The 40th anniversary luncheon in February 1962 was held in the Town Hall with guest of honour The Home Secretary The Rt Hon. R.A. Butler.
50 years was celebrated with a Civic Reception at the Town Hall in June 1972.
In February 1967, Ann Boulton addressed a 75th luncheon recounting her years as Honorary Secretary.
The 80th Anniversary was celebrated with a luncheon addressed by Felicity Goodey, Vice-President of the Club and president of the Manchester Chamber of Commerce and Industry.
The 90th Anniversary year was also the Diamond Jubilee of the accession to the throne of her majesty Queen Elizabeth II. In that year we held a celebratory lunch on May 22nd. We were addressed by Paul Goddard LVO, DL. One of our members, toastmaster Terence McNicholls, acted as master of Ceremonies that day.
On February 9th 2022, exactly one hundred years after that auspicious meeting in Manchester Town Hall, we met at the Holiday Inn, Manchester. Seventy-five people attended (cost of lunch £30). We were delighted to have our Vice-Presidents present and Sir Warren Smith KCVL, KStJ, JP, Her Majesty’s Lord-Lieutenant of Greater Manchester honoured us by addressing the meeting. A souvenir book was presented to members. We hope the founders look down on us and approve of the way we have adapted to keep the Manchester Luncheon Club true to the principles on which we were founded, “to afford opportunities for social intercourse to those interested in the commerce, university and other activities in the City by means of periodical meetings.” Our members reflect the founding members’ principles. we Professional, Academic and likeminded people maintain a lively interest in this great City of Manchester.
The Luncheon Club’s Bell is the ships bell from the Manchester Ship Canal dredger “Sir Edward”, named after Sir Edward Leader Williams, designer and formerly Chief Engineer of the Manchester Ship Canal. The whole canal was completed in January 1894, and he had full charge of the canal until 1905, when he was appointed consulting engineer to the Manchester Ship Canal Co.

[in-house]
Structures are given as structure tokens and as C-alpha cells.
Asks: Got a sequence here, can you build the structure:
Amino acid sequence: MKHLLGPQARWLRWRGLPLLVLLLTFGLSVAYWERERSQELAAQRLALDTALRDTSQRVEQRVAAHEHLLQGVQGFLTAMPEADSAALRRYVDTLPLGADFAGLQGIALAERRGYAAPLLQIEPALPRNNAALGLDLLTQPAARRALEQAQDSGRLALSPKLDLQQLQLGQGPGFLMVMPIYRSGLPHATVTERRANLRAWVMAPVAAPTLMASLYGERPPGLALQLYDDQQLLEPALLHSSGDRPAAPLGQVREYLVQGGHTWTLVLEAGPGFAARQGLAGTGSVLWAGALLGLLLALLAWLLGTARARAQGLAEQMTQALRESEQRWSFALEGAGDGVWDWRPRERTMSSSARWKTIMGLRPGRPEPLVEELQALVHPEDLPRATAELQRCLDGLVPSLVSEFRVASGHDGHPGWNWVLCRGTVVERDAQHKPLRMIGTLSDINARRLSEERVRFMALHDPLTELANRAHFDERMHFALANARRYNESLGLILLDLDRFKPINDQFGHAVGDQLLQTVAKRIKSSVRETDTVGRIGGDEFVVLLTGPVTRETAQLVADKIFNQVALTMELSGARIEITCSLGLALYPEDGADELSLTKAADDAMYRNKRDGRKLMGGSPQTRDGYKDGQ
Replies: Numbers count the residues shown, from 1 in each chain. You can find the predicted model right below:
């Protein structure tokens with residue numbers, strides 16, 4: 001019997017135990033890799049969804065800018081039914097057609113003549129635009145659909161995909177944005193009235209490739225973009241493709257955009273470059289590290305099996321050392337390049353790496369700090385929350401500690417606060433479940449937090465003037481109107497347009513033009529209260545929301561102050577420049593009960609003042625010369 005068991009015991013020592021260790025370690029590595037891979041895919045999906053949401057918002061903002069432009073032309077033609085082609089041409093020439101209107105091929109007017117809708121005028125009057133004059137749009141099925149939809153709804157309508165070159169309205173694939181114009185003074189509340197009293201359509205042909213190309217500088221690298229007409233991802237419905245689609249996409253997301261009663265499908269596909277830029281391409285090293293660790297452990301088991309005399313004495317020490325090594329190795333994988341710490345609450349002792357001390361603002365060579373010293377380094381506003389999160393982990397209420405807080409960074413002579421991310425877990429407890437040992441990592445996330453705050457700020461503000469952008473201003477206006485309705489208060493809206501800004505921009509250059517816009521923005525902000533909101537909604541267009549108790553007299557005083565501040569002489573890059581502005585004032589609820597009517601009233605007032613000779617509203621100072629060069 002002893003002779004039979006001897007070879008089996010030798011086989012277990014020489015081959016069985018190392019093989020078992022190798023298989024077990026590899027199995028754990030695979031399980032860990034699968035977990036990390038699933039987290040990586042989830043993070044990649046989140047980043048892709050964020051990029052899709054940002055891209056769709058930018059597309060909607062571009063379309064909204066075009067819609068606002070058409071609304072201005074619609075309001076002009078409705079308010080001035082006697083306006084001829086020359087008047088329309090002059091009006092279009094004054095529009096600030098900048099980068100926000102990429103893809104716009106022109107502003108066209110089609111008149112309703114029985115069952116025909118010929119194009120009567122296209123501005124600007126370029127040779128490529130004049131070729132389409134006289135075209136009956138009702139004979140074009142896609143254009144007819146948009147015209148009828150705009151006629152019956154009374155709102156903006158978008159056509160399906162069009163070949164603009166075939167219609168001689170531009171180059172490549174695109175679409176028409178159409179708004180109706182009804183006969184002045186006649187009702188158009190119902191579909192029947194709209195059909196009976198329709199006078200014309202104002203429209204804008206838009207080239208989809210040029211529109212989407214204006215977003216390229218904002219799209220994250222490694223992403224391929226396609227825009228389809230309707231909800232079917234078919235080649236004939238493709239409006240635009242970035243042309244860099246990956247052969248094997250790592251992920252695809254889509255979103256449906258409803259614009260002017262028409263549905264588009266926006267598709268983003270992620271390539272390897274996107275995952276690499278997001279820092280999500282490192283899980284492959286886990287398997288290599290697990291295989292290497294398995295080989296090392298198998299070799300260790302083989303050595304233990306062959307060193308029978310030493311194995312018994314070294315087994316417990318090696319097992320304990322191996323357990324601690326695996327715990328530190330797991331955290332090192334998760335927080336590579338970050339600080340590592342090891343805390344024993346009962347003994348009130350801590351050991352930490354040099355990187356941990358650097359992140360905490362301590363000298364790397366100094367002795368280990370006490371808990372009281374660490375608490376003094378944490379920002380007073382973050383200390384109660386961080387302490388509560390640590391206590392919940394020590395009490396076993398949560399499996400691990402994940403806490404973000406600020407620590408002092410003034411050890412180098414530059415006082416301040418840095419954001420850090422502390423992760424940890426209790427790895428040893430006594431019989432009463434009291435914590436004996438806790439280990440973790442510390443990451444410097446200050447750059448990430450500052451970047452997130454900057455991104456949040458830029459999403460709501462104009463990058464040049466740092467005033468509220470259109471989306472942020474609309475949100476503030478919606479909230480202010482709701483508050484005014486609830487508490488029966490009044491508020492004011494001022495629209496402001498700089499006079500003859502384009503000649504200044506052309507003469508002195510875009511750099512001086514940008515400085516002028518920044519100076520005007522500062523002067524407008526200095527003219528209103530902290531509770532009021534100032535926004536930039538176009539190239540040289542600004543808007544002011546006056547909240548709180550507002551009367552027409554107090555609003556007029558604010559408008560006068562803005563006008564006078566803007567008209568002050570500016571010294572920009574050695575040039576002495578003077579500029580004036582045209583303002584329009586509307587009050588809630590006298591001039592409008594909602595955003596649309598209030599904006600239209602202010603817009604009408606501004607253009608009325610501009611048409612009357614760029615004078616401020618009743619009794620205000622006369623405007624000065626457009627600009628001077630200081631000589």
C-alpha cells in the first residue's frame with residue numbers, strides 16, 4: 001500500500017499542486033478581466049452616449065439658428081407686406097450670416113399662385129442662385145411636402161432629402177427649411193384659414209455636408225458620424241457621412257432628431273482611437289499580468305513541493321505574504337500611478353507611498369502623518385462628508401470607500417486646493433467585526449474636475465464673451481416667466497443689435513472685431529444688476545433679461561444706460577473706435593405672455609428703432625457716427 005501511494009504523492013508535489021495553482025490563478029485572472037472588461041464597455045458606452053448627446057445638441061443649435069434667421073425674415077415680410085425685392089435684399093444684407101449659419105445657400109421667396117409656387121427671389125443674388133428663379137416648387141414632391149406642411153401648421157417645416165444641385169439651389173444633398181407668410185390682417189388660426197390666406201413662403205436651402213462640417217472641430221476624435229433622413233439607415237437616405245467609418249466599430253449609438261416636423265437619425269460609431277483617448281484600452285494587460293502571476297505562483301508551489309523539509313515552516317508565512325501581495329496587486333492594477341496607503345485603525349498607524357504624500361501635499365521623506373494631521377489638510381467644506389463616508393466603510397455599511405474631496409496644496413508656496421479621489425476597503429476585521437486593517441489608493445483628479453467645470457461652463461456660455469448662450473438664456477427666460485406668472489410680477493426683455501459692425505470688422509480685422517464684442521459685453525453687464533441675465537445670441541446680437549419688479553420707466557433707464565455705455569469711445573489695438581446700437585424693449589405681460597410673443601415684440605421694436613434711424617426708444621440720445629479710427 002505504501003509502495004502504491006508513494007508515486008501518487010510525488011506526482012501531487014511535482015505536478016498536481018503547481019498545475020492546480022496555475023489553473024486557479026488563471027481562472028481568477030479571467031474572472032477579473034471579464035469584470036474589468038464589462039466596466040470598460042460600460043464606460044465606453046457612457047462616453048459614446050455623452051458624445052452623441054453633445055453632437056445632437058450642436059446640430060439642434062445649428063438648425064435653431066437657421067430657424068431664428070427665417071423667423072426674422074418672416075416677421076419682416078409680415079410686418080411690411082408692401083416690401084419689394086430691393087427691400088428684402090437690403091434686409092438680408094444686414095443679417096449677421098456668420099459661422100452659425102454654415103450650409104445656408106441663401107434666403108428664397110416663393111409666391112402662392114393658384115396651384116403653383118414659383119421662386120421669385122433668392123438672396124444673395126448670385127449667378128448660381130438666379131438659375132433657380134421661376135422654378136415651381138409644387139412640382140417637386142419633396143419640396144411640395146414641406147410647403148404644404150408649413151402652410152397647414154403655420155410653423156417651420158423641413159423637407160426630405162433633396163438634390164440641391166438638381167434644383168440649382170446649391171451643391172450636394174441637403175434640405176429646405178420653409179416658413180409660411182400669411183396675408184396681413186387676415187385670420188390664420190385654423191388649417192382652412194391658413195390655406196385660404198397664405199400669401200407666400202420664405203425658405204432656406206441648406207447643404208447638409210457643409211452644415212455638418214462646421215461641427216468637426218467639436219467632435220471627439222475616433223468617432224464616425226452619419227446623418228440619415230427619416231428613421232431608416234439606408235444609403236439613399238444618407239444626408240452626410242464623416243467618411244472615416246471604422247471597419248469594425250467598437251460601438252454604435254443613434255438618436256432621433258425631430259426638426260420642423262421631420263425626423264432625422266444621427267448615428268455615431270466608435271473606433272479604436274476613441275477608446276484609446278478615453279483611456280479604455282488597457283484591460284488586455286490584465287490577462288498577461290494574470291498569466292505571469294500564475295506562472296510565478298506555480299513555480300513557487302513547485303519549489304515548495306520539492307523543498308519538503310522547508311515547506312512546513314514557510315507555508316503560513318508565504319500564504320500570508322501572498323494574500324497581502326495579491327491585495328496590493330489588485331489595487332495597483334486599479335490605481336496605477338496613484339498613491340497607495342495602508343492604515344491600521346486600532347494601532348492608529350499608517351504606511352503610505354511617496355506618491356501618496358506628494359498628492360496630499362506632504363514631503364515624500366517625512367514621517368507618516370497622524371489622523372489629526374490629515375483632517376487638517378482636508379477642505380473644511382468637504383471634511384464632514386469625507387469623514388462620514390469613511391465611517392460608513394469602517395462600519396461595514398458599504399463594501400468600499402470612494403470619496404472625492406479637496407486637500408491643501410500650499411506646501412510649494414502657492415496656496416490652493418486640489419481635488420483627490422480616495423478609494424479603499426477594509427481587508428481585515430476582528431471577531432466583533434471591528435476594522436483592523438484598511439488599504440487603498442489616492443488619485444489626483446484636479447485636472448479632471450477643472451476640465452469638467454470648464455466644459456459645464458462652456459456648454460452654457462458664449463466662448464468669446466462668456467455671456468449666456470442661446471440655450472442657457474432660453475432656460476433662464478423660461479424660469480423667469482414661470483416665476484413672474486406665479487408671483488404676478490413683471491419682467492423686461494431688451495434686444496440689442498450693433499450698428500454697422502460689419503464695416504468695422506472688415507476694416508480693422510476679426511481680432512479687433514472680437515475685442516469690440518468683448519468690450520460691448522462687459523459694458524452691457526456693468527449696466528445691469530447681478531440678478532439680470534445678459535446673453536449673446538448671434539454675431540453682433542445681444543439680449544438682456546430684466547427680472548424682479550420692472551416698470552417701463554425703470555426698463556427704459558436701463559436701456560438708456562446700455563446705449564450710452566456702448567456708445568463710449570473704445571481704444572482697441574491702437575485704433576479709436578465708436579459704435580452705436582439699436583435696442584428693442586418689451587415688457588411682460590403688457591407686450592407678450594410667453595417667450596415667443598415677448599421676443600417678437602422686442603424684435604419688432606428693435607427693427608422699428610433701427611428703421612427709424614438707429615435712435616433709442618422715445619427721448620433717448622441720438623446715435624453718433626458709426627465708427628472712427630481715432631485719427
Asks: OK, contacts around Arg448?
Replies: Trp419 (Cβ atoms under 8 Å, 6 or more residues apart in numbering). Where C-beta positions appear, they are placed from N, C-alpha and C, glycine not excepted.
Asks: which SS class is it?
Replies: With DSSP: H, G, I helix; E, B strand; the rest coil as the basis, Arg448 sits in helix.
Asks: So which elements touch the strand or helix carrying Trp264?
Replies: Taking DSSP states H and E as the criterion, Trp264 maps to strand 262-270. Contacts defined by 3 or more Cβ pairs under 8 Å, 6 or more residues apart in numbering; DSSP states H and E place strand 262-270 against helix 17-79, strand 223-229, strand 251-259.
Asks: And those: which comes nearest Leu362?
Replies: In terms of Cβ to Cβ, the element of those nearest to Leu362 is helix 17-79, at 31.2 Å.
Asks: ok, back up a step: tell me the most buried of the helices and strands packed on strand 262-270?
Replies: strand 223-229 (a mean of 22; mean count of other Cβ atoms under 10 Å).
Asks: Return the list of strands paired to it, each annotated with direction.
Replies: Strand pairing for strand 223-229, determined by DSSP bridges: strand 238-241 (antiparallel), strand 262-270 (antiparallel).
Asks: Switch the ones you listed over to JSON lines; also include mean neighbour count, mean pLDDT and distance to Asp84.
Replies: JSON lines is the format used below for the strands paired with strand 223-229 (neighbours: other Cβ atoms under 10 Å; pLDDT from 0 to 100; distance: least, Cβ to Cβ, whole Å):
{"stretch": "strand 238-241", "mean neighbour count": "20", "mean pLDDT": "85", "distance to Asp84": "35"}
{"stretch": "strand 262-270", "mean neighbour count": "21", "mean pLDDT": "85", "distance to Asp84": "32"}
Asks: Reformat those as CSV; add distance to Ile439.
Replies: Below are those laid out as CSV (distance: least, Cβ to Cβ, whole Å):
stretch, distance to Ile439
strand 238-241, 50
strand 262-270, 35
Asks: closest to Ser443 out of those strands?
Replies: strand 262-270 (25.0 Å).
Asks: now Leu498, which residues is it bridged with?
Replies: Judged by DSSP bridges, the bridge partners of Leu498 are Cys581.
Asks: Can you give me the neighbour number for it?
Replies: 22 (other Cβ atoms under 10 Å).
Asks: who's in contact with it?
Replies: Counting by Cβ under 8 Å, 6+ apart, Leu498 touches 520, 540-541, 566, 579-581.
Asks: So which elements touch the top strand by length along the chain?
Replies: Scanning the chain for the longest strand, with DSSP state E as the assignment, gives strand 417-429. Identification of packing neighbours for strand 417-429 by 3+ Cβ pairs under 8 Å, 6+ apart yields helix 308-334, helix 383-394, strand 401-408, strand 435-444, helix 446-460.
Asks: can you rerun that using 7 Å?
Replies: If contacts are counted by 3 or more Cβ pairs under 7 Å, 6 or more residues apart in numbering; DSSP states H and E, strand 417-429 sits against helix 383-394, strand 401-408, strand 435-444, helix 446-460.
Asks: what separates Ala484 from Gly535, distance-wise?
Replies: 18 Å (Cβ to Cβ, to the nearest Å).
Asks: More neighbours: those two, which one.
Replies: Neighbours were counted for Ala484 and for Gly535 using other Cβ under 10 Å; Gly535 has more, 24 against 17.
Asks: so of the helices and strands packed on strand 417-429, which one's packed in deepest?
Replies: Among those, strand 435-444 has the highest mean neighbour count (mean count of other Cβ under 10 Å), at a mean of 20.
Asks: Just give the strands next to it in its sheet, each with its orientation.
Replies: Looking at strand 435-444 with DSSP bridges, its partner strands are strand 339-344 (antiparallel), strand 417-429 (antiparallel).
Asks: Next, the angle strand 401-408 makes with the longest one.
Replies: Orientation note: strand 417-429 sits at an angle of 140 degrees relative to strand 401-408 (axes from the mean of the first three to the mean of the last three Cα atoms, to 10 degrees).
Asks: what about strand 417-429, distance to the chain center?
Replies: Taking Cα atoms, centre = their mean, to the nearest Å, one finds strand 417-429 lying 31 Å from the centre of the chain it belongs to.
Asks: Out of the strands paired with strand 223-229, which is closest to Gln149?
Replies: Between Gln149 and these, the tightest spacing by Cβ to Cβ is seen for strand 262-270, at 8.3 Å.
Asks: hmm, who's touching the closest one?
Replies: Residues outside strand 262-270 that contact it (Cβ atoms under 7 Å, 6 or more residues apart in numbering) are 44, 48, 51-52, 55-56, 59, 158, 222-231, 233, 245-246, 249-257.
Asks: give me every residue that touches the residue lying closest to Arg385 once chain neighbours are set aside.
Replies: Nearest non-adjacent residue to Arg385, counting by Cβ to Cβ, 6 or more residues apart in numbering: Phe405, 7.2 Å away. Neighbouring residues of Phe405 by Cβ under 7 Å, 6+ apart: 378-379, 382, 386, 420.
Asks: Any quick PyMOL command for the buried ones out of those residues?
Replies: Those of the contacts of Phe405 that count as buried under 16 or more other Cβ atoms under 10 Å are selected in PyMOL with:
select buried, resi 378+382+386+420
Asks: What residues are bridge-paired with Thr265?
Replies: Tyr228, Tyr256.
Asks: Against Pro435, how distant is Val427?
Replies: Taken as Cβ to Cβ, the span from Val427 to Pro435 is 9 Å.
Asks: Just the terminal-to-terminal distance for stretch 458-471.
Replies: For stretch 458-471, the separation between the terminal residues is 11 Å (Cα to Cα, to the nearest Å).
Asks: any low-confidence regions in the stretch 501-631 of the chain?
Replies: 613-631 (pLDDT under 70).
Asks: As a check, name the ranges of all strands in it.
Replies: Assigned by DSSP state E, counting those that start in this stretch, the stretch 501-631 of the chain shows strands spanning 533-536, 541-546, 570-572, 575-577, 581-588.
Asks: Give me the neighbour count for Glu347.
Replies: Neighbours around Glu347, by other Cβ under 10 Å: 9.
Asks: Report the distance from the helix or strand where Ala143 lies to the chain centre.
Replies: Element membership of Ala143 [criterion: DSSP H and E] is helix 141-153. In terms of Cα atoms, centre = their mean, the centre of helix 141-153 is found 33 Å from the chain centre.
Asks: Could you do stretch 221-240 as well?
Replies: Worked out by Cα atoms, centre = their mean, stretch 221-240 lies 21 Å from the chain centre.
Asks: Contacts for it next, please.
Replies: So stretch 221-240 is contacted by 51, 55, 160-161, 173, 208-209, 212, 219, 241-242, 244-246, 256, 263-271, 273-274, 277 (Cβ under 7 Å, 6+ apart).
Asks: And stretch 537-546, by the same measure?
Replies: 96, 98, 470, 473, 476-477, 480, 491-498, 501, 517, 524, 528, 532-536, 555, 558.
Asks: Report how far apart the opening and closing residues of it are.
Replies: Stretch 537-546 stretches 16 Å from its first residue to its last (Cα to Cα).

It was presented to the Club in May 1939 by Sir Frederick West, a member of the Manchester Town Council from 1905, an Alderman in 1919, and Lord Mayor in 1924. He was a City Council Director to the Manchester Ship Canal Company; in 1933 he became Chairman of the company, a position he held until 1950.
This was the meeting at which the bell was first used and it has been used ever since. It had a mallet, one end of which was copper and the other wood. One president used to hit the bell with the copper end giving it a ‘hell of a bash’, hence the dents in the bell
The bell is still used to call our meetings to order; where the mallet went is a mystery.
This silver badge of office was designed and made by Mrs Alison Wilkinson’s mother, Margaret Isaac, a retired silversmith. Alison presented it to the Club during her Presidency in 1991.
Alison also arranged for a supply of several lapel badges for past presidents. These are based on the design of the Presidents badge. Past presidents are asked to wear these on meeting days.
The names of past Presidents who have held office since 1991 are recorded on silver bars attached to the badge’s ribbon.
Mrs Betty Gallimore, (President 2001-2002) presented jointly with those past Presidents who were still members of the Club, a special silver medallion to mark the Club’s 80th anniversary This was worn for the first time at the Luncheon on 5th February 2002.
Alison generously commissioned a silver bar to be added to the badge. this was to commemorate the Club’s 100th anniversary and was worn for the first time at the celebration lunch on 9th February 2022